RE: How to Refocus on Your Wonderland

I have the opposite problem I think, I overthink everything and get hung up on something not being right then almost immediately break focus because it's not right. Narrowing my concentration upon it to try and fix it just makes it that much harder for me to stay. I only seem to be able to stay in my typically indistinct wonderland scenes if I get caught up in the whole thing and am just along for the ride. Reilyn tries to keep me from falling out by grabbing me and taking me flying or something. She is a very strong lead, as long as it's a simple thing like "fly through the clouds" and not "we are on stage, what song do we play? (long awkward silence)" She is also really big into cuddling and being as close as possible, which tends to force whatever else is going on way into the background of my thinking, so it being indistinct just 'works'.

It's like if I were injured and on the edge of falling unconscious and she was the medic slapping my face yelling "Hey, stay with me here, how many fingers am I holding up?"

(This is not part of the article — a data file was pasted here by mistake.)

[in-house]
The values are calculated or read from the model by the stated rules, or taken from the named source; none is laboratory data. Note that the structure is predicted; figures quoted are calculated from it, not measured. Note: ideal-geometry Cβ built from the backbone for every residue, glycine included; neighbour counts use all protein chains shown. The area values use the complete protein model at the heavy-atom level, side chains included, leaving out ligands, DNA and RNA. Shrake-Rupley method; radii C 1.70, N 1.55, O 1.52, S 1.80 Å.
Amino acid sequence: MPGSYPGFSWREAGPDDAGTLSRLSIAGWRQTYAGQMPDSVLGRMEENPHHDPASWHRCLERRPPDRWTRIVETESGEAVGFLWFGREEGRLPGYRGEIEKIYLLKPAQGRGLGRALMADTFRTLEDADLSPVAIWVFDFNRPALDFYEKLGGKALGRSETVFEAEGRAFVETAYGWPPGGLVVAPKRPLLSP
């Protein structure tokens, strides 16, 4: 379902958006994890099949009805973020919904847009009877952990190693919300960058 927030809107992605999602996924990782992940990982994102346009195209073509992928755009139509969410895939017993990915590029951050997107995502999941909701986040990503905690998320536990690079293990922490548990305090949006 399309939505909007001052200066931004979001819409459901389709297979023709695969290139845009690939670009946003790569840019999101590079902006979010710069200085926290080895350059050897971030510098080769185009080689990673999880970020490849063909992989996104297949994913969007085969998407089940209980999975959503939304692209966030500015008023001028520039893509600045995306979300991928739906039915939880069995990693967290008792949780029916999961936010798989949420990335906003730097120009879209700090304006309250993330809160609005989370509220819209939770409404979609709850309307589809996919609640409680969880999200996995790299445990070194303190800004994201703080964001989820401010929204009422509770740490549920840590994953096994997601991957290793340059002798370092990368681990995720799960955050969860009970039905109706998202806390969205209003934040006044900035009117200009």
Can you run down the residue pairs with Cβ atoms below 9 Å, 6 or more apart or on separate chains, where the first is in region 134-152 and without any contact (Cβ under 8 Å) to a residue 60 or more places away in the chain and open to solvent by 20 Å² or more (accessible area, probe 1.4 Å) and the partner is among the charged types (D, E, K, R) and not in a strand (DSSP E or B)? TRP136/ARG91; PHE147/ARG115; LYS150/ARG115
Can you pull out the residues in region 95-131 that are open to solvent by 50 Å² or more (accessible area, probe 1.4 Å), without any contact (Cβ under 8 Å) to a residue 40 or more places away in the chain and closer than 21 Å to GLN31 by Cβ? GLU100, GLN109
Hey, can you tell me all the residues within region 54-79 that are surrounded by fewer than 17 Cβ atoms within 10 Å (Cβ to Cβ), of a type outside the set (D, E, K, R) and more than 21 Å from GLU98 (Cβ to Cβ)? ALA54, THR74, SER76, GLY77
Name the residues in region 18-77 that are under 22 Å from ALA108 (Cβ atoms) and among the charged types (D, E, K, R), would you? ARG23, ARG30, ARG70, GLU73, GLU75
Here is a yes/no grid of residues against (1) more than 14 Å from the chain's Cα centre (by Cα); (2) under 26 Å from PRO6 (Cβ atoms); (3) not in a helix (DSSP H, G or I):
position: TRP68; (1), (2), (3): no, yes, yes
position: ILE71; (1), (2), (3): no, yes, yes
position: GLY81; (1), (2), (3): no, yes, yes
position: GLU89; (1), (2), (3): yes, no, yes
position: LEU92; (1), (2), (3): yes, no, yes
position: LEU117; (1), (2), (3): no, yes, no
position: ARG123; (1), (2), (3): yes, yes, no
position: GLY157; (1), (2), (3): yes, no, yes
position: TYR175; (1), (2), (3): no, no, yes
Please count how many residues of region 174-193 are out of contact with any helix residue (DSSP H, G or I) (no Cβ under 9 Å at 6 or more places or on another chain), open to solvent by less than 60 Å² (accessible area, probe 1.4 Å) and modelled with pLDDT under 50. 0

Anyway, I will try this out, thanks.
10-21-2018, 10:34 PM
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Cat_ShadowGriffin Offline
Gray the Cat-Griff
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#7
 
RE: How to Refocus on Your Wonderland

(10-21-2018, 10:34 PM)LanceReilyn Wrote: I have the opposite problem I think, I overthink everything and get hung up on something not being right then almost immediately break focus because it's not right. Narrowing my concentration upon it to try and fix it just makes it that much harder for me to stay. I only seem to be able to stay in my typically indistinct wonderland scenes if I get caught up in the whole thing and am just along for the ride. Reilyn tries to keep me from falling out by grabbing me and taking me flying or something. She is a very strong lead, as long as it's a simple thing like "fly through the clouds" and not "we are on stage, what song do we play? (long awkward silence)" She is also really big into cuddling and being as close as possible, which tends to force whatever else is going on way into the background of my thinking, so it being indistinct just 'works'.